High-priced clinical labs should consider the reference pricing strategy to be a significant financial threat. Initially, it can be expected that employers will go after the same 285 tests that are common and highly automated, just as Safeway did. Thus, hospitals and hospital lab outreach programs with high prices relative to Medicare Part B lab test fees will be most at risk.

Reference Pricing Expansion

However, if reference pricing catches on with employers and health plans, it can be expected that these organizations would expand the panel of tests covered by reference testing to include expensive molecular and genetic tests. For that reason, labs offering these tests will want to monitor the pace with which reference pricing is implemented by an ever-larger number of employers in coming years.

Of special interest will be our exclusive interview with the lead researcher of the study published in JAMA. (See Lead Researcher Outlines New Details of Lab Test Price Study.) He provides information about reference pricing not found in the JAMA article. It is a “must read” for lab executives and pathologists who want to understand reference pricing.

What All Lab Executives and Pathologists Need To Know about ‘Reference Pricing’ for Lab Tests

REFERENCE PRICING IS BECOMING A HOT TOPIC among large employers and health insurance companies for a simple reason: by giving consumers a positive and negative financial incentive at the time they select a healthcare provider, reference pricing produces significant savings to both the employer and the employee.

Yet few clinical lab executives and pathologists know much about reference pricing or how it works. Even fewer understand the potential of reference pricing to disrupt the existing clinical lab marketplace.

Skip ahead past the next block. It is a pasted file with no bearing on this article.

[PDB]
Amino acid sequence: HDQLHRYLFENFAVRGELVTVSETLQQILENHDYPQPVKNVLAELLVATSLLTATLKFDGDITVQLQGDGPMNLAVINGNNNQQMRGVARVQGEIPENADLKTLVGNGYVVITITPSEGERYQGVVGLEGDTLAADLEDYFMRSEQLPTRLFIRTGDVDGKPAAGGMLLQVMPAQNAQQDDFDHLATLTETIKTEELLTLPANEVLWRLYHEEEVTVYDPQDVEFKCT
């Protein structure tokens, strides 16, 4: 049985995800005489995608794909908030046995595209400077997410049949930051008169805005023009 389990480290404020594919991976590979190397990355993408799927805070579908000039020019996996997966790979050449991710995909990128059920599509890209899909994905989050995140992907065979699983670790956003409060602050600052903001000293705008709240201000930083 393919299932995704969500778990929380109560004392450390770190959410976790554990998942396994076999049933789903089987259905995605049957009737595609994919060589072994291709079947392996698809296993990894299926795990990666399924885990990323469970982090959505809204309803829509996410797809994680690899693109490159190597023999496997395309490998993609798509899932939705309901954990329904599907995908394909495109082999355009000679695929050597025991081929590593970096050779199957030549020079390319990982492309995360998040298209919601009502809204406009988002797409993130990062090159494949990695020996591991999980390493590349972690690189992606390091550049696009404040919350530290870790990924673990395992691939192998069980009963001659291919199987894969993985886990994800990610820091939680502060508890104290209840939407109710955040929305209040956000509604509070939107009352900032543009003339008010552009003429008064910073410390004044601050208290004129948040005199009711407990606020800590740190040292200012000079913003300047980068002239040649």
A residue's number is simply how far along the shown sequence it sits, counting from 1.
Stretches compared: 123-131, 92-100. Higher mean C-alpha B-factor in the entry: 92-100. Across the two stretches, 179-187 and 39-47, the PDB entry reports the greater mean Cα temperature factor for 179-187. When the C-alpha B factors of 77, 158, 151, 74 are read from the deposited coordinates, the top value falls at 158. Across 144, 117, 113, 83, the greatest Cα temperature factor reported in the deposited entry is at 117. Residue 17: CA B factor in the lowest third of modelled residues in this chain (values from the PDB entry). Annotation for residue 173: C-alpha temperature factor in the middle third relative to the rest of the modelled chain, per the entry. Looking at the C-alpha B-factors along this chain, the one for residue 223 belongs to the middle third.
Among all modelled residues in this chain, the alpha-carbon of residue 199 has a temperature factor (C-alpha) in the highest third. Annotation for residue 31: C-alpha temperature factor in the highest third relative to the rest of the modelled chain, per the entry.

Defining Reference Pricing

One good definition of reference pricing comes from Ann Boynton of UC Davis Medical Center and James C. Robinson, PhD, of the University of California, Berkeley. In a blog at, they described the characteristics of reference pricing:

  1. In a reference pricing program, the purchaser (an employer or health plan) “places a limit on what it will contribute towards payment for a particular procedure, assuring that the selected payment limit allows appropriate access for patients.”
  2. This payment limit is based on the distribution of prices for a procedure, such as a specific lab test. Typically the price point is set at the median or another relevant mid-point in the distribution of prices in a local or regional market.
  3. When the consumer chooses a provider, such as a lab, that charges less than the reference pricing program’s limit, the consumer enjoys standard coverage, with minimal cost sharing.
  4. By selecting a provider charging above the designated price point, the consumer must pay the entire difference.
  5. Such excess payments will not count towards the patient’s deductible or the annual out-of-pocket maximum.
  6. Excess payments in these situations are “conceptualized as a network exclusion, but a milder form of those inherent in narrow-network insurance designs.”
  7. Reference pricing typically offers the patient full coverage at cost-effective providers and only partial coverage at more expensive providers. (By comparison, narrow-network strategies offer full coverage at some providers and no coverage at others.)

Boynton and Robinson also wrote that, “Reference pricing is not for all patients. Appropriately constructed programs permit exceptions based on the clinical needs and geographic location of individual patients. For example, CalPERS provides exceptions from reference pricing when a member lives more than 50 miles from a facility that offers the service below the price limit. It also exempts the patient if the patient’s physician gives a clinical justification for using a high-priced facility or hospital setting. Safeway exempts from its reference pricing program laboratory tests for all patients with a diagnosis of cancer.”

Reference Pricing History

Many European countries have used reference pricing, primarily to control the prices of pharmaceutical drugs. The oldest reference pricing programs date back to the early 1990s.

Investigations into the effectiveness of reference pricing to improve price competition for prescription drugs in Europe indicate success. One global medical journal wrote, that, “the literature suggests that the introduction of a reference pricing system reduces prices of all medicines that are included in the system. Obviously, price reductions tend to be larger for originator medicines than for generic medicines. Also, greater price reductions have been witnessed in markets where generic medicine competition already occurred prior to the introduction of a reference pricing system.”